Does this father’s past have anything to do with his kid getting in the gorilla pen? Is it a reflection of his parenting? Check this out.
These are the parents of the four-year-old boy whose 15-feet fall into the gorilla exhibit moat in Cincinnati Zoo resulted in the death of 17-year-old silverback gorilla, Harambe.
Seen here for the first time is mother Michelle Gregg, 32, who has four children by father Deonne Dickerson, 36, a man who, Daily Mail Online can disclose, has a lengthy criminal history.
Criminal filings against Dickerson stretch over a decade and include burglary, firearms offences, drug trafficking, criminal trespass, disorderly conduct and kidnap.
In 2006 he was sentenced to one year behind bars for a drug trafficking conviction.
But in numerous pictures posted on Dickerson’s Facebook site in recent years he appears to have turned his life around to become the proud father of four.
Indeed, the majority of his postings to the social media site are updates of his children and his working life.
In others pictures he has uploaded his friends congratulate him and Michelle on the birth of their fourth child last January.
Cleveland based Dickerson is from Atlanta, Georgia and studied at Cuyahoga Community College, Ohio and now works as a sorter at a Cincinnati industrial equipment supplier.
Gregg is currently the administrator at a Cincinnati pre-school.
She has been the subject of sharp criticism following the incident that saw zoo staff shoot dead Harambe who, according to new video footage, may have been protecting rather than threatening the child after he crawled through a barrier and fell into the gorilla’s enclosure.
Many social media commenters have criticized her and Dickerson and said they should be held accountable.
A Cincinnati police spokesman said no charges were being considered. A spokeswoman for the family said on Monday they had no plans to comment.
‘I do think there’s a degree of responsibility they have to be held to,’ said Kate Villanueva, a mother of two children from Erlanger, Kentucky, who started the ‘Justice for Harambe’ page and attended a vigil on Monday at Cincinnati Zoo for Harambe.
‘You have to be watching your children at all times.’
More outraged animal lovers took to social media declaring the western lowland gorilla’s life was unnecessarily taken, and more than 290,000 have already joined ‘Justice for Harambe’ which place the blame squarely on the boy’s parents.
Ian Redmond, the chairman of the Gorilla Organization, told CNN : ‘When gorilla or other apes have things they shouldn’t have, keepers will negotiate with them, bring food, their favorite treats, pineapple or some kind of fruit that they don’t know and negotiate with them.’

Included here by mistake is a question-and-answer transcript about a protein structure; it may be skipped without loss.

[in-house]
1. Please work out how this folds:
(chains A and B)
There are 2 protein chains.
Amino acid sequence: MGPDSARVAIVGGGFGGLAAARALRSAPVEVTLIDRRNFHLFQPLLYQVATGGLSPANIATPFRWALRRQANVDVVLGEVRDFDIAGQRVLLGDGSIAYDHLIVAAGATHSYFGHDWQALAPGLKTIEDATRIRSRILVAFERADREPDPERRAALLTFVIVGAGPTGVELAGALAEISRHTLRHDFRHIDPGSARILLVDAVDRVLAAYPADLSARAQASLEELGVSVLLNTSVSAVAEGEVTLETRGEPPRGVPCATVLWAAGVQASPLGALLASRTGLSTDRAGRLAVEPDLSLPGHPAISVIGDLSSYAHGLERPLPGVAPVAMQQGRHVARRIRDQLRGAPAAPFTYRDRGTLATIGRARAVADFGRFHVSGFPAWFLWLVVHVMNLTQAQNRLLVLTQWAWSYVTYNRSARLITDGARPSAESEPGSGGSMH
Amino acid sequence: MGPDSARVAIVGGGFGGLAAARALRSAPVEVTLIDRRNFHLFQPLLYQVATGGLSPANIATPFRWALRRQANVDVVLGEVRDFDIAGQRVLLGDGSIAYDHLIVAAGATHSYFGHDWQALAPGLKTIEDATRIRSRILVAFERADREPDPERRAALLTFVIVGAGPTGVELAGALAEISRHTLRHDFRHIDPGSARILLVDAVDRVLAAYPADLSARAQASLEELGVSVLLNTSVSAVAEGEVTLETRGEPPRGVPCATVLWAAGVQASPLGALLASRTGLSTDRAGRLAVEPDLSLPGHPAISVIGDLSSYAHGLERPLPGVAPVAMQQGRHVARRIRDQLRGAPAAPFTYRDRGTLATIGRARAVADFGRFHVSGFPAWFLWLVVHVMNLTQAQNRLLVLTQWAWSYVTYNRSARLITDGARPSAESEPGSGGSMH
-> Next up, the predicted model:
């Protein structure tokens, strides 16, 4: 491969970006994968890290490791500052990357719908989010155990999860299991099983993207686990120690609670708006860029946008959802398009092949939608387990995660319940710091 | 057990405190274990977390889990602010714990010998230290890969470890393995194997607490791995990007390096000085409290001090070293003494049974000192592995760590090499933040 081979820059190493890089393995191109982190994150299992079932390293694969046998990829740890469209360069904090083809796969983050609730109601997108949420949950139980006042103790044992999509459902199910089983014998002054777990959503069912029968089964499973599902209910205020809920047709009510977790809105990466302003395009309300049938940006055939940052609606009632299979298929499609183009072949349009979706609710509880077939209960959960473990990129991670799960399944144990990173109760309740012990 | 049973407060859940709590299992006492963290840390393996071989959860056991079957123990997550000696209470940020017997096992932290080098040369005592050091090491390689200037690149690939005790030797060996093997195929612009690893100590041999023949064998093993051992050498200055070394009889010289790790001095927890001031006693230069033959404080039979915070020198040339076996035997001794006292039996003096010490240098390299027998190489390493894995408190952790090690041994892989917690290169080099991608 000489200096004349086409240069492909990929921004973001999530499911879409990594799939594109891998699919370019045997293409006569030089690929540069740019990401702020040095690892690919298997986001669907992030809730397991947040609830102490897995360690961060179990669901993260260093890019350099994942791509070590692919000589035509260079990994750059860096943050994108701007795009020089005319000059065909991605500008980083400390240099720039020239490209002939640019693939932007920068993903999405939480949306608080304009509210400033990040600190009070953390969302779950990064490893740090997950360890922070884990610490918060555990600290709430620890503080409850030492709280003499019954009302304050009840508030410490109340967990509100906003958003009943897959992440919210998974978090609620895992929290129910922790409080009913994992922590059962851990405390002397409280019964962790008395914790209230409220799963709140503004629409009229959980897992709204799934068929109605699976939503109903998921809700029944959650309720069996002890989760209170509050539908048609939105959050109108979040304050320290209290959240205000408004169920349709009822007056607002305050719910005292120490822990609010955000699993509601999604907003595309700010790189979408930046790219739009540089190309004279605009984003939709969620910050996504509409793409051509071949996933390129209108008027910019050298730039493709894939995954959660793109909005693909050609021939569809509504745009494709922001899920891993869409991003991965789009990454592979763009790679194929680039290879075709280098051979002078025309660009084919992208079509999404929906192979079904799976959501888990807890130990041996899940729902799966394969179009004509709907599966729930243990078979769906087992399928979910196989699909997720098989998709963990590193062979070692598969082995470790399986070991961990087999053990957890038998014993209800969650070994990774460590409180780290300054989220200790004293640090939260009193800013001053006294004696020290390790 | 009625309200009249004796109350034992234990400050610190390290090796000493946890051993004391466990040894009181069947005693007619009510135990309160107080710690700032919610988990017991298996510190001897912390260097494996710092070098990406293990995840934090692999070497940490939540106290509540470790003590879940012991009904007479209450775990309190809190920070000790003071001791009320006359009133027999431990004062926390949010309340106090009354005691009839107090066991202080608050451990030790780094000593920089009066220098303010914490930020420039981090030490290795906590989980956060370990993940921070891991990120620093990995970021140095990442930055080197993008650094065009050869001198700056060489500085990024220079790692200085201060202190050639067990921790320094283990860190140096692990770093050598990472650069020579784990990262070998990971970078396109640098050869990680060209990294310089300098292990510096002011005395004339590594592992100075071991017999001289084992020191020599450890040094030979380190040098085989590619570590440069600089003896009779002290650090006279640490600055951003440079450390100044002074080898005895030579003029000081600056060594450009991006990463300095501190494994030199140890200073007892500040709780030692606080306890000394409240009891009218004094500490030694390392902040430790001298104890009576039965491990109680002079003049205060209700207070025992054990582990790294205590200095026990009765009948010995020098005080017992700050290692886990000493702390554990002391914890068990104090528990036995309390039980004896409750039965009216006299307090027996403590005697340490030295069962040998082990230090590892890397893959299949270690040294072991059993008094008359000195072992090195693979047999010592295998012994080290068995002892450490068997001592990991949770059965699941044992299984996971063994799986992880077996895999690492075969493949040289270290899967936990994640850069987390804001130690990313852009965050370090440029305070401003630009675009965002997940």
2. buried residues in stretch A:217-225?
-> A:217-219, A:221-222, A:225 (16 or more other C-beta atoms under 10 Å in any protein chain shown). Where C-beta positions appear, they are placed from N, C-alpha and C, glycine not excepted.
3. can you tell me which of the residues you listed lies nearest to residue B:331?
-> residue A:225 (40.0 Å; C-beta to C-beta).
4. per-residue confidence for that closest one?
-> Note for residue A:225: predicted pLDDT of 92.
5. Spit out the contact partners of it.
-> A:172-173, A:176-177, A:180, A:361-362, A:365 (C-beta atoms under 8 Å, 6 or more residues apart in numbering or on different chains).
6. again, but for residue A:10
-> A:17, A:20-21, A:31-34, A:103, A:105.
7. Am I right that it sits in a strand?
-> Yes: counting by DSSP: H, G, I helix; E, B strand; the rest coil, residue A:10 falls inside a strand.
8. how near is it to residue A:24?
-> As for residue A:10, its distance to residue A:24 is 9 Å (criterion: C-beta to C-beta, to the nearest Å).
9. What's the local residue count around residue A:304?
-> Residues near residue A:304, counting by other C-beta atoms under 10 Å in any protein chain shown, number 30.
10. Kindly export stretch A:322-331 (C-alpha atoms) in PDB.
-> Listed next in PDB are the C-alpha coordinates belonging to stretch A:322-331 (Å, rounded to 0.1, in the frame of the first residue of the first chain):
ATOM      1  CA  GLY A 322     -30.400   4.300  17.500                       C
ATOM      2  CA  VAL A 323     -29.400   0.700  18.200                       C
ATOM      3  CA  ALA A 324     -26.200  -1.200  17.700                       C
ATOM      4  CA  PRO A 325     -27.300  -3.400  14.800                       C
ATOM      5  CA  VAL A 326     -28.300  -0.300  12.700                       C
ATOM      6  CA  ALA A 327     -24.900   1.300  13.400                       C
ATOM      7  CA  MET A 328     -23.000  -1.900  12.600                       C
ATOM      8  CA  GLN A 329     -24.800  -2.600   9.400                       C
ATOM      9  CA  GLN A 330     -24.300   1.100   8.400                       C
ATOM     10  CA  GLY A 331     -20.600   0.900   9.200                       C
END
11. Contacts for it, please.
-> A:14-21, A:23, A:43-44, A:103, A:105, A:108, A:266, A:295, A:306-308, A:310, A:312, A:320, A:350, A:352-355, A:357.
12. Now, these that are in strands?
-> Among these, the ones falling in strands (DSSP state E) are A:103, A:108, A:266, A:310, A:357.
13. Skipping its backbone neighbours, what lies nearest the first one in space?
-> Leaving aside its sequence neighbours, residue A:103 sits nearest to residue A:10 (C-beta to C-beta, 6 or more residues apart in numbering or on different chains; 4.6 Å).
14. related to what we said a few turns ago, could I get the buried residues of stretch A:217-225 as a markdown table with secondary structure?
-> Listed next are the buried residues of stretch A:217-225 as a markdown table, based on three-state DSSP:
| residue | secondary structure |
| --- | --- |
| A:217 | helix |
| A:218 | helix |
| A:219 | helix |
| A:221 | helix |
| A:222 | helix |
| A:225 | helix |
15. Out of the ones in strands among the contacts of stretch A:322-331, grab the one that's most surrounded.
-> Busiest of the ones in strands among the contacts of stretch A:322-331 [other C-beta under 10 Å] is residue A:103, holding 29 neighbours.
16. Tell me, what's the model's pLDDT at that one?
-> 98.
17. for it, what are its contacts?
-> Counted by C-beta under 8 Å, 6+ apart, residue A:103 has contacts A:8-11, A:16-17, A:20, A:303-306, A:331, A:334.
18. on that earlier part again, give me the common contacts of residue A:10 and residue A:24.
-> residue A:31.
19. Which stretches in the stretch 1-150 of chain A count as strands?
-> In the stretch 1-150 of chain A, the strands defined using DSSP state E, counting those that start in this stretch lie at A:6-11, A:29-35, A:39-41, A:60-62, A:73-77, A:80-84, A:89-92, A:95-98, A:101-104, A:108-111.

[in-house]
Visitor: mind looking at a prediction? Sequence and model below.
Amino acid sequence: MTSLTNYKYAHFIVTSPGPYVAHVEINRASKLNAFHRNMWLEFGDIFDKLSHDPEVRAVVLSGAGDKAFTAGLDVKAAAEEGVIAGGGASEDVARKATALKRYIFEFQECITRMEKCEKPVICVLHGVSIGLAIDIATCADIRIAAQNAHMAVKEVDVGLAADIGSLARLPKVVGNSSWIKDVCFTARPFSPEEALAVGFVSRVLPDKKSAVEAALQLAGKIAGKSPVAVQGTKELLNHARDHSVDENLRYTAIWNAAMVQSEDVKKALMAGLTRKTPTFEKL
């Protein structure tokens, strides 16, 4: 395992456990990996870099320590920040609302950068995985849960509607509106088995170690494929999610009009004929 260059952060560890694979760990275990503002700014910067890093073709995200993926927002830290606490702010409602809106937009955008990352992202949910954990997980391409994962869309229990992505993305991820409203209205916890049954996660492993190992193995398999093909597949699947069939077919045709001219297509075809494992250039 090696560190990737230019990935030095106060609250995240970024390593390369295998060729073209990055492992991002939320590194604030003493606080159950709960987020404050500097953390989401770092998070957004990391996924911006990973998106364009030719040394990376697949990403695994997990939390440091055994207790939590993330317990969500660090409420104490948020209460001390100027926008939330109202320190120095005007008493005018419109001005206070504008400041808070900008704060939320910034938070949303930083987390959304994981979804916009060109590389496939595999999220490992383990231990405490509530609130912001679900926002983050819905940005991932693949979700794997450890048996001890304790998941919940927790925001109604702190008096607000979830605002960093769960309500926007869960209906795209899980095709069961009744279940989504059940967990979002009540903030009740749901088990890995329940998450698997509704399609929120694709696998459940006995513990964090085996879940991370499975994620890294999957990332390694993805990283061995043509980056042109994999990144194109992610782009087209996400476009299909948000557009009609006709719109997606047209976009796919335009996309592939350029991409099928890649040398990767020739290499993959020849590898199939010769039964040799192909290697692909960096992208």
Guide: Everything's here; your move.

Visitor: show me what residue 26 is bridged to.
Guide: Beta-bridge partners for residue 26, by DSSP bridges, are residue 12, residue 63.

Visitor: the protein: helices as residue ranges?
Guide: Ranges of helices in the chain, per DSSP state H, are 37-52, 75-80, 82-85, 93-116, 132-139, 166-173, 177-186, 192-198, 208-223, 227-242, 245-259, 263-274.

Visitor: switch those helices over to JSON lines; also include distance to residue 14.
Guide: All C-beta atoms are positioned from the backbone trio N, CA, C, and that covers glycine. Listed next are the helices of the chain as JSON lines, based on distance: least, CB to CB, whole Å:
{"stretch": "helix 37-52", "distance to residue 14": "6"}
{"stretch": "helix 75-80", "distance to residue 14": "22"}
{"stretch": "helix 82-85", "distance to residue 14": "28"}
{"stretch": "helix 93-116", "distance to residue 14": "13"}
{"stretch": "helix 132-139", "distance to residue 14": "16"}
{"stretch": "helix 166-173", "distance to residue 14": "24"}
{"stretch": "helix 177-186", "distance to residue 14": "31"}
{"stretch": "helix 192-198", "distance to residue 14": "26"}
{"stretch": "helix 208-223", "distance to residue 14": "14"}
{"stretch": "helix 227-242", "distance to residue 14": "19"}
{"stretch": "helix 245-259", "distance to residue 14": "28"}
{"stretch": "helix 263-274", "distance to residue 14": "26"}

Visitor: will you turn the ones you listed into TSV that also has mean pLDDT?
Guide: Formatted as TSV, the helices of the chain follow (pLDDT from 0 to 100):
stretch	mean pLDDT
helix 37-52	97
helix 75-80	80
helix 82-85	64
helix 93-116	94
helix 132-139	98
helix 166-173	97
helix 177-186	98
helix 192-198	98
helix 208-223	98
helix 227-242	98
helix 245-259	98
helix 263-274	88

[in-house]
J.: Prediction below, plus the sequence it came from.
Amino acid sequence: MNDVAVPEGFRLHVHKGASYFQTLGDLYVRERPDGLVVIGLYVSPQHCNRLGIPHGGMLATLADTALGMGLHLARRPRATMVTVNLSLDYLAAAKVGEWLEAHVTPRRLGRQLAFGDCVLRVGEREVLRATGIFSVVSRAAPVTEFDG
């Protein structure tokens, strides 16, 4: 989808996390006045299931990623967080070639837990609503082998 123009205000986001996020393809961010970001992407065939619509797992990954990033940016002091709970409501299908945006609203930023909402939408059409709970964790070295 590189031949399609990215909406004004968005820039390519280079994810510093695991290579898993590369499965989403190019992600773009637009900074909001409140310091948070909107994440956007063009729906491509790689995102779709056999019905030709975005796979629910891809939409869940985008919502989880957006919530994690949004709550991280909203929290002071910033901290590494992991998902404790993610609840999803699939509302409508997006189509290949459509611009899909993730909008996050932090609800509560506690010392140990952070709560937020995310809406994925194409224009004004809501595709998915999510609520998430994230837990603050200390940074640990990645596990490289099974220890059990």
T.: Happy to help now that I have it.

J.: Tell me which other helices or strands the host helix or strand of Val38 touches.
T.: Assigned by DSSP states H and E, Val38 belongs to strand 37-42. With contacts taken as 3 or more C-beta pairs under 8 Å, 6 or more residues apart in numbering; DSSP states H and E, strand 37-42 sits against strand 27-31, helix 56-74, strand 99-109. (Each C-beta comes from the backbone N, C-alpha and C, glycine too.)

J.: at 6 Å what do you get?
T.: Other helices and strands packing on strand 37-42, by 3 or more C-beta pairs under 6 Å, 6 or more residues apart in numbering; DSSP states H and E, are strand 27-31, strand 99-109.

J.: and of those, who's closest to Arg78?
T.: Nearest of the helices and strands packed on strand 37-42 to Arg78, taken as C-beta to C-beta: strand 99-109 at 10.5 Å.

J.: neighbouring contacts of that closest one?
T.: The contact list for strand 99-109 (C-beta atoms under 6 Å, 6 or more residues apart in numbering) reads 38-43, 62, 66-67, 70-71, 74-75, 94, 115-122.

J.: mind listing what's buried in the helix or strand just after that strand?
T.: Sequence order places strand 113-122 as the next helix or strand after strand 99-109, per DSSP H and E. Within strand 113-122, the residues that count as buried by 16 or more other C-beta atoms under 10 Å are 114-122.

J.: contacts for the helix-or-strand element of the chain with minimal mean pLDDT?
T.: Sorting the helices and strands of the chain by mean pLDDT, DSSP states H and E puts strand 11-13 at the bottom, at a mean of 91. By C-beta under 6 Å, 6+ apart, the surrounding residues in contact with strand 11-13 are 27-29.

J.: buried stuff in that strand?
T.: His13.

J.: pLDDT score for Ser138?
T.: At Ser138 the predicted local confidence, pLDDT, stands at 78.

Primatologist Julia Gallucci said: ‘The gorilla enclosure should have been surrounded by a secondary barrier between the humans and the animals to prevent exactly this type of incident.’
Earlier on Sunday, police said prosecutors could choose to indict the parents, but Cincinnati Police Lieutenant Stephen Saunders later said he was not aware of any intention to do so.
Soon after the incident, Michelle Gregg, the mother of the boy, posted a message on Facebook saying: ‘I want to thank everyone for their thoughts and prayers today. What started off as a wonderful day turned into a scary one.
‘For those of you that have seen the news or been on social media that was my son that fell in the gorilla exhibit at the zoo. God protected my child until the authorities were able to get to him.
‘My son is safe and was able to walk away with a concussion and a few scrapes… no broken bones or internal injuries.
‘As a society we are quick to judge how a parent could take their eyes off of their child and if anyone knows me I keep a tight watch on my kids. Accidents happen but I am thankful that the right people were in the right place today.’
The family also released a statement on Sunday saying they had taken their boy home from the hospital.
It read: ‘We are so thankful to the Lord that our child is safe. He is home and doing just fine. We extend our heartfelt thanks for the quick action by the Cincinnati Zoo staff.
‘We know that this was a very difficult decision for them, and that they are grieving the loss of their gorilla. We hope that you will respect our privacy at this time.’
Deidre Lykins was also at the zoo when she saw the boy drop into the enclosure.
She described how Ms Gregg was calling out for her son and had just been next to him when he disappeared.
Then she had to stop her husband from going in to try and rescue him.
But she insists Ms Gregg is not at fault, and wrote on Facebook: ‘This mother was not negligent and the zoo did an awesome job handling the situation!
‘This was an open exhibit! Which means the only thing separating you from the gorillas, is a 15 ish foot drop and a moat and some bushes!’
This comes as new video footage of Harambe the gorilla suggests he was trying to protect a four-year-old boy who fell into the zoo enclosure just minutes before the 400-pound animal was fatally shot.